The best way to show that a business is serious about compliance is when a risk materialises. The extent to which policies and procedures are followed and executed will highlight how seriously compliance risk is taken. 

Another action that will show the importance of compliance is how often policies are reviewed and updated. New laws are often introduced around work health and safety as well as other business operations such as employee rights and financial requirements. This means that policies will need to be updated on a regular basis to stay current. 

compliance risk

Encourage leadership to take the first step

Managing compliance risk starts from the top. The leadership team needs to be aware of what risks the company is facing, the strategies used to control and how future plans may lead to more risks. Making decisions based on risk management can lead to a safer and more successful workplace. 

If management disregards potential risks, this shows other employees that risk mitigation isn’t part of the decision-making process. 

Create a risk-aware culture

One of the best ways to prevent or mitigate compliance risk is to build a risk-aware culture. In a risk-aware culture, employees are educated about compliance risks, and how misconduct can affect the organisation. Training on sexual harassment and what actions count as bullying and discrimination can make staff more aware of their behaviour. 

When a new employee joins, it’s advisable that they are given a clear set of expectations around compliance and are introduced to the policies during the induction process. It should be communicated who is managing what, including cyber concerns, harassment incidents and work health and safety incidents. That way, they will be able to report potential risks. 

Encourage employees to come forward

One of the best ways to combat compliance risk is through employees identifying potential problems. Employees may notice signs of fraud, mistreatment or potentially hazardous areas. A big part of creating the risk-aware culture mentioned above involves encouragement around reporting non-compliance and setting clear lines of communication. If employees are confused about what steps they need to follow and who they need to report the incident to, that doesn’t motivate them to report potential risks.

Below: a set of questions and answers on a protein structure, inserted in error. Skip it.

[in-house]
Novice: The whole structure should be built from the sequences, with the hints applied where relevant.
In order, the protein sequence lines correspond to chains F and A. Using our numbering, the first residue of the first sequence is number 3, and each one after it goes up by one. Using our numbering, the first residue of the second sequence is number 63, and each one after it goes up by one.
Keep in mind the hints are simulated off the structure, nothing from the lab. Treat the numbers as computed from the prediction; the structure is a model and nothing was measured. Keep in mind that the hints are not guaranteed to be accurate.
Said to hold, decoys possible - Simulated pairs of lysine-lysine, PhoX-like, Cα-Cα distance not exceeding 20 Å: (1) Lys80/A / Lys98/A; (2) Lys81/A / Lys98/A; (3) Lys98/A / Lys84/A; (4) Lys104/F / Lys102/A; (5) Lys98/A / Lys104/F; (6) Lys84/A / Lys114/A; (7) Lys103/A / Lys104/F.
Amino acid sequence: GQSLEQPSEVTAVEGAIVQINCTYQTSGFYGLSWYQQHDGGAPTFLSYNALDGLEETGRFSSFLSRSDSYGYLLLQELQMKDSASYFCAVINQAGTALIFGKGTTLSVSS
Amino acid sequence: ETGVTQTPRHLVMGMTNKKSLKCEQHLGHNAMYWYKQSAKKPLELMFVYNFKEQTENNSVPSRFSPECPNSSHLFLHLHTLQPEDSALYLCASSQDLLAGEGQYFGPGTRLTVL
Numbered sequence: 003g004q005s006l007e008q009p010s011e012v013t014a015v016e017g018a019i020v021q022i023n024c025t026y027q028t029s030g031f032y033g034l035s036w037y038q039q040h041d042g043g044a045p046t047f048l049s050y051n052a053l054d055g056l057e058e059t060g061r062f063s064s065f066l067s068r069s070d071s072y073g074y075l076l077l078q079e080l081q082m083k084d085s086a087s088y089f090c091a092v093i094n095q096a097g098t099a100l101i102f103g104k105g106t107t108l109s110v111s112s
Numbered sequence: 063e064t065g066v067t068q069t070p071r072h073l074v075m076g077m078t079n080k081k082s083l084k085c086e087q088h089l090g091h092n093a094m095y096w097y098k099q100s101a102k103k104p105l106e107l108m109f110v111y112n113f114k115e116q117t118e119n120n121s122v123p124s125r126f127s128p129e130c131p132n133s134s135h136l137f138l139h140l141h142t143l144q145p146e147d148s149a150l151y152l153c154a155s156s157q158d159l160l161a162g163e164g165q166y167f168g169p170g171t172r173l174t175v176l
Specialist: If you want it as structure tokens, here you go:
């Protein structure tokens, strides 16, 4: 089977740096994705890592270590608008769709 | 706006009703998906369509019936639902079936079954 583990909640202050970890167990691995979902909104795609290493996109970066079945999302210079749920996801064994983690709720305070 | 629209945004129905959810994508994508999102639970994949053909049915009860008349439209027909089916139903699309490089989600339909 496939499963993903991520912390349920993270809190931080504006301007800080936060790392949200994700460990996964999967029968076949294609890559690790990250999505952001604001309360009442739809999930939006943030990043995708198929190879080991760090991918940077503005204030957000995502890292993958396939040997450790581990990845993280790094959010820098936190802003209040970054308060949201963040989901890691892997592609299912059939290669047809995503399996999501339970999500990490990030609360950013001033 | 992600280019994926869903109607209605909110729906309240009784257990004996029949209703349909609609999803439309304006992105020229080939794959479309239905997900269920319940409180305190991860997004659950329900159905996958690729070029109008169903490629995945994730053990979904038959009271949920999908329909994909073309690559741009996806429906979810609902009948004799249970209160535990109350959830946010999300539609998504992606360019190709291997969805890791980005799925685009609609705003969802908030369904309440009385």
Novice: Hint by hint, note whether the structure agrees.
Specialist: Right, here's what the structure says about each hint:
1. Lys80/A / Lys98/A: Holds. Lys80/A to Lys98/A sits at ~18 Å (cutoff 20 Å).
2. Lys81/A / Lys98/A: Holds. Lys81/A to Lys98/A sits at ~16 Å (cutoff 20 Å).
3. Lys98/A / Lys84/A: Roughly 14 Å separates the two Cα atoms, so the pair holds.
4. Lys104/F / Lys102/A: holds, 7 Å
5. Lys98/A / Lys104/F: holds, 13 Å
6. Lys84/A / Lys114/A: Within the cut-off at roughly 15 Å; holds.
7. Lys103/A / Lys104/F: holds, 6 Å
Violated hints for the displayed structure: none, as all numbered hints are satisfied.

Save time and money by using a case management system

A factor that increases employee motivation to report noncompliance is swift action once a report is made. A case management system can be very beneficial in dealing with compliance risk as it assists in handling employee complaints efficiently and effectively and encouraging a speak up culture. Through a case management system like Polonious investigators can automate manual tasks, ensure complete confidentiality and prioritise cases based on severity. 

Having everything in one place allows for better case completion and quick follow-up on non-compliance issues. This shows employees that their reports are looked at and taken seriously, encouraging them to speak up again if they notice another problem. 

To make things even easier, Polonious can be integrated with a number of different software, allowing for smoother information transfer. 

Compliance risk management never ends

Compliance will always be an area for improvement as more employees join the company and other employees are given more power. People may think they will get away with not complying with laws and policies, which will raise the overall risk as they might get more confident. Companies have to stay vigilant and constantly strengthen their mitigation strategies by updating them and making them more solid. 

It should be clearly communicated to everyone that there is zero tolerance against misconduct and consequences may follow ill-intent employees outside the workplace.